“It is my pleasure to introduce our Regional Director of the U.S. Fish and Wildlife Service’s Pacific Southwest Region which includes all of Nevada, and all of California and, all of that the Service is involved in those two states.  I had the chance to spend about 3 weeks in the regional office and I know how busy our Regional Director is. And he was able to take the time out to make the up here last night and I would like to introduce Mr. Ren Lohoefener.”

 

Ren Lohoefener, Director, Pacific Southwest Regional Office

 

“Thank you, Ron.  I think of you guys that made the hike this morning that are busy and not me, I was down there in a motel room.  I really want to thank the National Park Service, the community, and all the people who have put this together.  I am humbled to be here.

 

“I don’t have any history in this area – personal history – and to be before so many today that do – it is with great reverence to you folks that I am here today.  It’s an honor for the Fish and Wildlife Service to join the National Park Service in administrating this new national monument. 

 

“As Ron said, a portion of the monument is in the Tule Lake National Wildlife Refuge.  The Fish and Wildlife Service, like the Park Service, has a long history of caring for this nation’s resources.  I assure you we are going to be a good partner with this community, a good partner with the Park Service, and we’re going to do the very best job we can to care for this monument.

 

“On the way to the ceremony this morning, you drove by the signs that would direct you to part of the Klamath National Wildlife Refuge Complex.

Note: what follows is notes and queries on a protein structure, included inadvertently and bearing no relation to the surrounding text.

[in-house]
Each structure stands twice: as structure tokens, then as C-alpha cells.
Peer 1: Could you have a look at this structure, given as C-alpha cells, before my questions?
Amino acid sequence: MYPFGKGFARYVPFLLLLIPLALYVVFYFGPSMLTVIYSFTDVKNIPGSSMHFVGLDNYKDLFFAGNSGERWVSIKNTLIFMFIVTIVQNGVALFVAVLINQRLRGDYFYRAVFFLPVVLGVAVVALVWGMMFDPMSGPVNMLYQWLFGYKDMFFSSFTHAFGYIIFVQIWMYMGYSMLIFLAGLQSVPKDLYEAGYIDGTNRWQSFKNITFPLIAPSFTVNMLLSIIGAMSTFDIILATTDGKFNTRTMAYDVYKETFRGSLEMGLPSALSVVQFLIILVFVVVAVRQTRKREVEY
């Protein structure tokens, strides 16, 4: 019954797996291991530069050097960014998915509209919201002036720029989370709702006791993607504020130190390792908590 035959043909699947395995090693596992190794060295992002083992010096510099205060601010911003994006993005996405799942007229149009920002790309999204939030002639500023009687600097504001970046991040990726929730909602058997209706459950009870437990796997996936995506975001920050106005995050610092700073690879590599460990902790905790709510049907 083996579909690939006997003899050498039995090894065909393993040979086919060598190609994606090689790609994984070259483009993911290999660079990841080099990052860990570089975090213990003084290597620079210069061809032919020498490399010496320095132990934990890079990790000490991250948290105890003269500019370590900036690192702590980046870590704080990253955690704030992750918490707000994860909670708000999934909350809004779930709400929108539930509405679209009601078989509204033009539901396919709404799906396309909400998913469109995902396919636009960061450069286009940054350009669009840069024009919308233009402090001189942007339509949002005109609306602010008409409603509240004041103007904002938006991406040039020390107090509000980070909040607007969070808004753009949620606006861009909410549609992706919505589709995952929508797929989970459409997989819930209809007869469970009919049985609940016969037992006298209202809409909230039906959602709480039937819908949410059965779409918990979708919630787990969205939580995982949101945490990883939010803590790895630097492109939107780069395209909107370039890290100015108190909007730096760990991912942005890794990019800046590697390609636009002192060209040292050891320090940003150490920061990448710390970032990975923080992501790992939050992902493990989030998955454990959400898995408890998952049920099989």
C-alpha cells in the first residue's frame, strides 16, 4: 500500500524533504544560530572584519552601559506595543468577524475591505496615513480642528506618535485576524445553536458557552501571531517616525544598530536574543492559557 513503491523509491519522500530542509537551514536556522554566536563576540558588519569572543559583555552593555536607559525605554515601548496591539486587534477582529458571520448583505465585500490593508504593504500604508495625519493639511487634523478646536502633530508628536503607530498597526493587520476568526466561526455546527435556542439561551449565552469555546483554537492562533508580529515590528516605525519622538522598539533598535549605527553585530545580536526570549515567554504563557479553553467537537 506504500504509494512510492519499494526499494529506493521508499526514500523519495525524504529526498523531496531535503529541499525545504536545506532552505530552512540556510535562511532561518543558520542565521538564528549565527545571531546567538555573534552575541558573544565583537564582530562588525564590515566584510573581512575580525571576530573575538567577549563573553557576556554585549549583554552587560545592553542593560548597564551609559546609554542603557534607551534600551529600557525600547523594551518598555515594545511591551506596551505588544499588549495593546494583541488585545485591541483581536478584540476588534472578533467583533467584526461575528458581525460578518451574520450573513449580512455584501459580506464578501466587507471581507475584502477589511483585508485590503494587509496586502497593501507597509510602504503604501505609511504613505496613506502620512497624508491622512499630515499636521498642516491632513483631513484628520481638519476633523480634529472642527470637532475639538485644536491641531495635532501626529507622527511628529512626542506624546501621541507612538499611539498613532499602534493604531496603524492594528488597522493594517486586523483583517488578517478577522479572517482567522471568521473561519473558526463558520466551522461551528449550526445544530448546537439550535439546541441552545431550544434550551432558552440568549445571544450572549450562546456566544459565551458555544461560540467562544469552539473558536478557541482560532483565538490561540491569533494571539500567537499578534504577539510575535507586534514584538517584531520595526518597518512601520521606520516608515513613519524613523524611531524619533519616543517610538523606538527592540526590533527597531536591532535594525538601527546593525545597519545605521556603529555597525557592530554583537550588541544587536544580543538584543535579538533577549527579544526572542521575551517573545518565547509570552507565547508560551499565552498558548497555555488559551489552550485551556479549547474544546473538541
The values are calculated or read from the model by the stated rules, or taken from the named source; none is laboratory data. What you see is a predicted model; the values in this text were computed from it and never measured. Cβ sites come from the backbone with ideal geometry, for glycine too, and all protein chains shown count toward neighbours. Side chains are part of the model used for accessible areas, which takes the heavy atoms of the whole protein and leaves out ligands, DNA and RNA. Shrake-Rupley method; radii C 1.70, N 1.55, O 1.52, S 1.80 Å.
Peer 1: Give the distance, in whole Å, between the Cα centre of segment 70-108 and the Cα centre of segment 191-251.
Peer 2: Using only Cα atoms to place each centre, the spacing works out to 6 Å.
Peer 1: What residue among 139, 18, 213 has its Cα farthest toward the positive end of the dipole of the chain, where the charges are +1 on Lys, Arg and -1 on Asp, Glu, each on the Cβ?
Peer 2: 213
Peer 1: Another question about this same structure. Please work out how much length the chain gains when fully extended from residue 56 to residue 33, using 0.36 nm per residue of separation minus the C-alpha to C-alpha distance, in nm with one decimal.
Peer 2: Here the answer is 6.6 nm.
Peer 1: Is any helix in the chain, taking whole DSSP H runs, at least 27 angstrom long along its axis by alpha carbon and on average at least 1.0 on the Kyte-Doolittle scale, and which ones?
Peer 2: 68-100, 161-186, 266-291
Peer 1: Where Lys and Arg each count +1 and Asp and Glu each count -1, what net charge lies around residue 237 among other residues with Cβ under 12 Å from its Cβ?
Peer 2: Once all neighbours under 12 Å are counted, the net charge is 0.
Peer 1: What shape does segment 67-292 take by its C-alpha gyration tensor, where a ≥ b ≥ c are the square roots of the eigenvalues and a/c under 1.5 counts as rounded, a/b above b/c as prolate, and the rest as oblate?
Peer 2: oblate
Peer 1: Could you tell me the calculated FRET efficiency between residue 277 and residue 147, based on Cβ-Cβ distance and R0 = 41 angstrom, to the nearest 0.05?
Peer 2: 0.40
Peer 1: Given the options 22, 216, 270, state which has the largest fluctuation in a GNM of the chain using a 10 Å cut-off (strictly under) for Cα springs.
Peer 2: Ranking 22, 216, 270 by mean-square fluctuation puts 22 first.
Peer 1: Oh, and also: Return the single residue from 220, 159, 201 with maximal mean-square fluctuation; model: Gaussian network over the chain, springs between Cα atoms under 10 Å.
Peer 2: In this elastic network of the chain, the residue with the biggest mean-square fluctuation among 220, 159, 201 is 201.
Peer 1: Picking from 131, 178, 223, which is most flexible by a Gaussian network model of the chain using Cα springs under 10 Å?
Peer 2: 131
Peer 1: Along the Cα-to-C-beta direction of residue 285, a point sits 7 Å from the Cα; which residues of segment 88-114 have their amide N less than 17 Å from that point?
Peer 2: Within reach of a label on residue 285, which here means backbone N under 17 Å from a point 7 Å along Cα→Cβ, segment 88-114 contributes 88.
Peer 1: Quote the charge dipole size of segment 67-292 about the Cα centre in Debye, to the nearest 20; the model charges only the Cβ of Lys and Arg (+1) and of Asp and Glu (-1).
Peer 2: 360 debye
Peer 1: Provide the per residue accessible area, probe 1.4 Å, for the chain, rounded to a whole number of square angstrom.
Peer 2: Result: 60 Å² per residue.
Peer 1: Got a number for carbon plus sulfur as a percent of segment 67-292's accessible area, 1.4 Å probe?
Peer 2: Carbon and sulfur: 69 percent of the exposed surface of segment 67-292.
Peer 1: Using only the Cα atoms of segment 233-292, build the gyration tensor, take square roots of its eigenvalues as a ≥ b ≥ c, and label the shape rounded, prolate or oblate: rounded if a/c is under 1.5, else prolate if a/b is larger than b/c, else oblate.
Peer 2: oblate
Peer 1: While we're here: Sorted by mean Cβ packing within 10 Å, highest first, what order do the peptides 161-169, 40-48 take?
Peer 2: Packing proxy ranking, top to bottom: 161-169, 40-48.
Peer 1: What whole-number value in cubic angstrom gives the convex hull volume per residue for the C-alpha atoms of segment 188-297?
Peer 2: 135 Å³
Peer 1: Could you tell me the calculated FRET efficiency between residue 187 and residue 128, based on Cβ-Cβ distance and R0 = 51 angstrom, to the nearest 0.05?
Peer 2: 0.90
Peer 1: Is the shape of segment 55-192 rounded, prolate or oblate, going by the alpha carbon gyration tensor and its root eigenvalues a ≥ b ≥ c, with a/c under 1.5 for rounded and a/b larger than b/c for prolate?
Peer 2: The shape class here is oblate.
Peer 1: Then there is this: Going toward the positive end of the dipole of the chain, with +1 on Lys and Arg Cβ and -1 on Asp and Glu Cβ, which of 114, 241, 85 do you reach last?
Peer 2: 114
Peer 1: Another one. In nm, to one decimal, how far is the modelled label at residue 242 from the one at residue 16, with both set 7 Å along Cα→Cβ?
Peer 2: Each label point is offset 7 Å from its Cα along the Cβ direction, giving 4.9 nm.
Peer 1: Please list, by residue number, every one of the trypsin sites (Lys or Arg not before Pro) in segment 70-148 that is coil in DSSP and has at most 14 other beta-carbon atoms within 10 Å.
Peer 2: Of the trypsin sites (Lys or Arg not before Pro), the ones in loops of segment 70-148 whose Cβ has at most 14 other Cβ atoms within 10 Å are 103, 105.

“These are some of the most important national wildlife refuges in the country.  In the fall and winter months, the land, the wetlands out there and the skies fill with millions of birds – eagles, swans, geese, ducks.

 

“It is my hope that in the 1940s the sounds and sights of these birds in the sky gave some comfort to the people that were interned here.

 

“More than 400 generations of people walked these lands both in good times and bad. Native Americans, of course, have a long history in this area and are culturally tied to the land.  Veterans of the First World War returned here, settled here, worked hard. They fed the nation, fed the country.

 

“And the history has had bad times.  Native Americans were forced on to a reservation.  And, of course, what brings us here today; thousands of Japanese Americans were, against there will, interned here.

 

“It is more important to remember the bad times than the good.  We need to learn from – and learn not to repeat past mistakes. Today we pay respect to the Japanese Americans who spent time here.  We reflect upon those whose jobs it was to guard the camp, and those in the community that had the camp placed here.


“This monument is especially important because it helps us remember and appreciate the magnitude of the sacrifices that were made during the course of a World War.   When people visit this monument, they will learn the past. But they will also learn that the past doesn’t have to be repeated.   I believe the natural beauty, and the bounty of this land here, will show that we can learn form mistakes and recover from them.

 

“This monument commemorates valor – the bravery and heroism that was demonstrated here day-after-day by the men, women and children who sacrificed their freedom here. 

 

“So again thank you for the opportunity to be a part of this.  We look forward to helping preserve this national monument.”

 

Contact Info: Matt Baun, 530-842-5763, matt_baun@fws.gov